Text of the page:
Last fall I spent three days in Salt Lake City at the National Arts Marketing Project Conference, which attracts arts marketing professionals of all backgrounds, from small organizations like ours — where just one or two staff members handle everything from programming to fundraising to marketing — to large, well-known theaters and museums, local and regional arts councils, plus artists of all stripes on their own.
The Arts Alliance doesn’t have much of a budget for professional development for its employees, but in this case, that didn’t really matter. Americans for the Arts, the organization that puts on this conference (and does incredible work on arts advocacy, communication and much more throughout the year) makes it a priority to offer scholarships, including some full rides, to arts professionals that need them. I submitted an application, just in case I qualified for a full ride – and I was chosen! This particular scholarship was given for individuals who work with underserved populations, including the rural, isolated communities that we represent throughout northern New Hampshire.
Since my return I’ve continued to think about all I learned there, and before I leave (I’m stepping down on May 27th), I wanted to reflect back on my experience. Here’s what I came up with as three major takeaways from the conference.
First: the importance of finding your authenticity. This was a prominent theme, beginning with Jad Abumrad’s brilliant opening keynote and continuing in smaller sessions on branding, audience engagement and marketing. Having an authentic voice is what makes people trust you, is what makes your emails and your promotional materials compelling, and it is also what tells you if a program is right for your mission. It informs your website and makes your social media interactions feel genuine and real. I think it is especially beneficial for a diverse organization like the Arts Alliance, with many branches of programming and many members to represent, to distill its authenticity, whether from the existing mission statement or through future work, and use that as the benchmark moving forward. It’s equally important for all of our member organizations and really any community organization. And for me as an individual, my work as an arts leader and maker should always come from my own genuine, honest self.
My second takeaway: the importance of taking calculated risks. When we are caught up in the day to day responsibilities of our work – and there are a lot of them! — it can be hard to do this.
Just staying one step ahead is a challenge, but building in the time to not only research options, but to actually take risks is really important. I can especially see this in my email campaigns -rather than doing the same old thing, why not build in riskier new ways of promoting? Some will work, some won’t, but we should make space for experimenting, and then follow it up with tracking. The same is true for programming risks. We need acknowledge that some of our programs are risks – and we need to accommodate that fact in our planning, perhaps pricing higher to cover ourselves when we don’t break even. This approach can strengthen programming for the long term and give us room to try new things that might not lead directly to success. It’s hard for me to think of an artist or arts organization that this message wouldn’t apply to!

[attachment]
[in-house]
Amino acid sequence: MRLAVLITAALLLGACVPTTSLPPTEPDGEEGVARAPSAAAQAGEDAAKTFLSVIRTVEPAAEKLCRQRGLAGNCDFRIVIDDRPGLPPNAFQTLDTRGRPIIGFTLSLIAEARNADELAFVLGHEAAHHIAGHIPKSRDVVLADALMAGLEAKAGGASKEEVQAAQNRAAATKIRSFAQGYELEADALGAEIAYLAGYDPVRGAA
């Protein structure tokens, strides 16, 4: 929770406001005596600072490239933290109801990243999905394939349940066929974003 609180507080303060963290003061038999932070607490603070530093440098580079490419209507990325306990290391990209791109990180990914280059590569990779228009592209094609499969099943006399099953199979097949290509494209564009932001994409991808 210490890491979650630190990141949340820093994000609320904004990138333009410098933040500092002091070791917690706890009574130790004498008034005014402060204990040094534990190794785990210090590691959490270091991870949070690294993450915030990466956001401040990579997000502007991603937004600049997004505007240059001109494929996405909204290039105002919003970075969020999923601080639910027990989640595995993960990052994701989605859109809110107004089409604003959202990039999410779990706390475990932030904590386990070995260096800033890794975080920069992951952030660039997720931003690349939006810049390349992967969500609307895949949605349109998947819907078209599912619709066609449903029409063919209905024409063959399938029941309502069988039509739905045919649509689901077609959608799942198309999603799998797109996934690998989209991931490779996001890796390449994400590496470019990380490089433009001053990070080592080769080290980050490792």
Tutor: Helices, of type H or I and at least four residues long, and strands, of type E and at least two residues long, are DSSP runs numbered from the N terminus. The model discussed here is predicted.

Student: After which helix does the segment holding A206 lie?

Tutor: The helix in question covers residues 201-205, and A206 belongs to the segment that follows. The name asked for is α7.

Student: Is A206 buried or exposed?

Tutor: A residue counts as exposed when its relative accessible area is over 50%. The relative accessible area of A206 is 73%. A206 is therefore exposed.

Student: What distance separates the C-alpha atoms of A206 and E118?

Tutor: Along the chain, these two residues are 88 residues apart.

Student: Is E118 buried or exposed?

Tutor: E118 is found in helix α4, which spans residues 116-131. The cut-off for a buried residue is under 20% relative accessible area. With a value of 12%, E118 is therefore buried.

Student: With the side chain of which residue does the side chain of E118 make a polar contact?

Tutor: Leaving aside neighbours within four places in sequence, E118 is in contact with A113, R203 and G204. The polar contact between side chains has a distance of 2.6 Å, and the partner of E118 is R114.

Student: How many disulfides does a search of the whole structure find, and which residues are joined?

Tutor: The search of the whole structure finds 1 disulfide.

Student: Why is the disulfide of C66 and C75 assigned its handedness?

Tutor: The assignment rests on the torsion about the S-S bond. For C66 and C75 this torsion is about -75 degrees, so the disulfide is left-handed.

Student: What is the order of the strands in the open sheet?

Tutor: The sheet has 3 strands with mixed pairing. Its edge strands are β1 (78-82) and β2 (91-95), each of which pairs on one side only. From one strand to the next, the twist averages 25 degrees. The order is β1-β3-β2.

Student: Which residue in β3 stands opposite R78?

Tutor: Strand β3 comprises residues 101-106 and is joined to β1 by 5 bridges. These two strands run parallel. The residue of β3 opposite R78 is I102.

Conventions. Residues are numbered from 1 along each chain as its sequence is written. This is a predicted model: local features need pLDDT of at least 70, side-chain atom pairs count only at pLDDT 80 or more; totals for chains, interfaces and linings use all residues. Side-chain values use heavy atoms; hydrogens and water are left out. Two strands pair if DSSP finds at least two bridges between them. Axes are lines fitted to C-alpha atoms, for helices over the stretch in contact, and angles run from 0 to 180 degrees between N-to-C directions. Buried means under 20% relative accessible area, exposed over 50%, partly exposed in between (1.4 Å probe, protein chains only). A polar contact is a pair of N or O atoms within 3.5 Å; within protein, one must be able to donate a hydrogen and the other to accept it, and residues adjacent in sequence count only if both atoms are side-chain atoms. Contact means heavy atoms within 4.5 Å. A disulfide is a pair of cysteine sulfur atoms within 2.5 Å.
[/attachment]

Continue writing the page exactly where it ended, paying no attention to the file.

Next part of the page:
My final takeaway is a bit broader: it’s about the importance of putting the audience, and audience engagement, at the center of everything we do. I was very familiar with Audience Engagement as a topic, and in my theater work it was always on my mind. But I hadn’t realized that an entire organization or major project could be driven from this perspective, even in more complex nonprofits with disparate audiences. As I sat in on sessions on this subject, I realized how it connects to our efforts to broaden our audience base, focus on inclusion, and demystify the arts we’re presenting. All of these efforts are related. Being audience-centric doesn’t mean dumbing down programming. It means making sure we are genuinely reaching out to and connecting with people. And if we can use this concept to frame all our thinking, it clarifies our mission and the purpose of all our work: the point of supporting, promoting and sustaining arts programming in a region is to build, hold and communicate with the current – and potential – audience in that region.
So there you have it – authenticity, calculated risks and audience engagement. How do you think these concepts relate to you, whether in your work for an organization or as an individual artist? I’d love to hear your thoughts! And if you’d like more details from my notes on branding, marketing on a small budget, surveying and more, let me know about your interests and I’ll be glad to share my notes on specific topics.
Thanks for reading and I hope you’ll share your thoughts!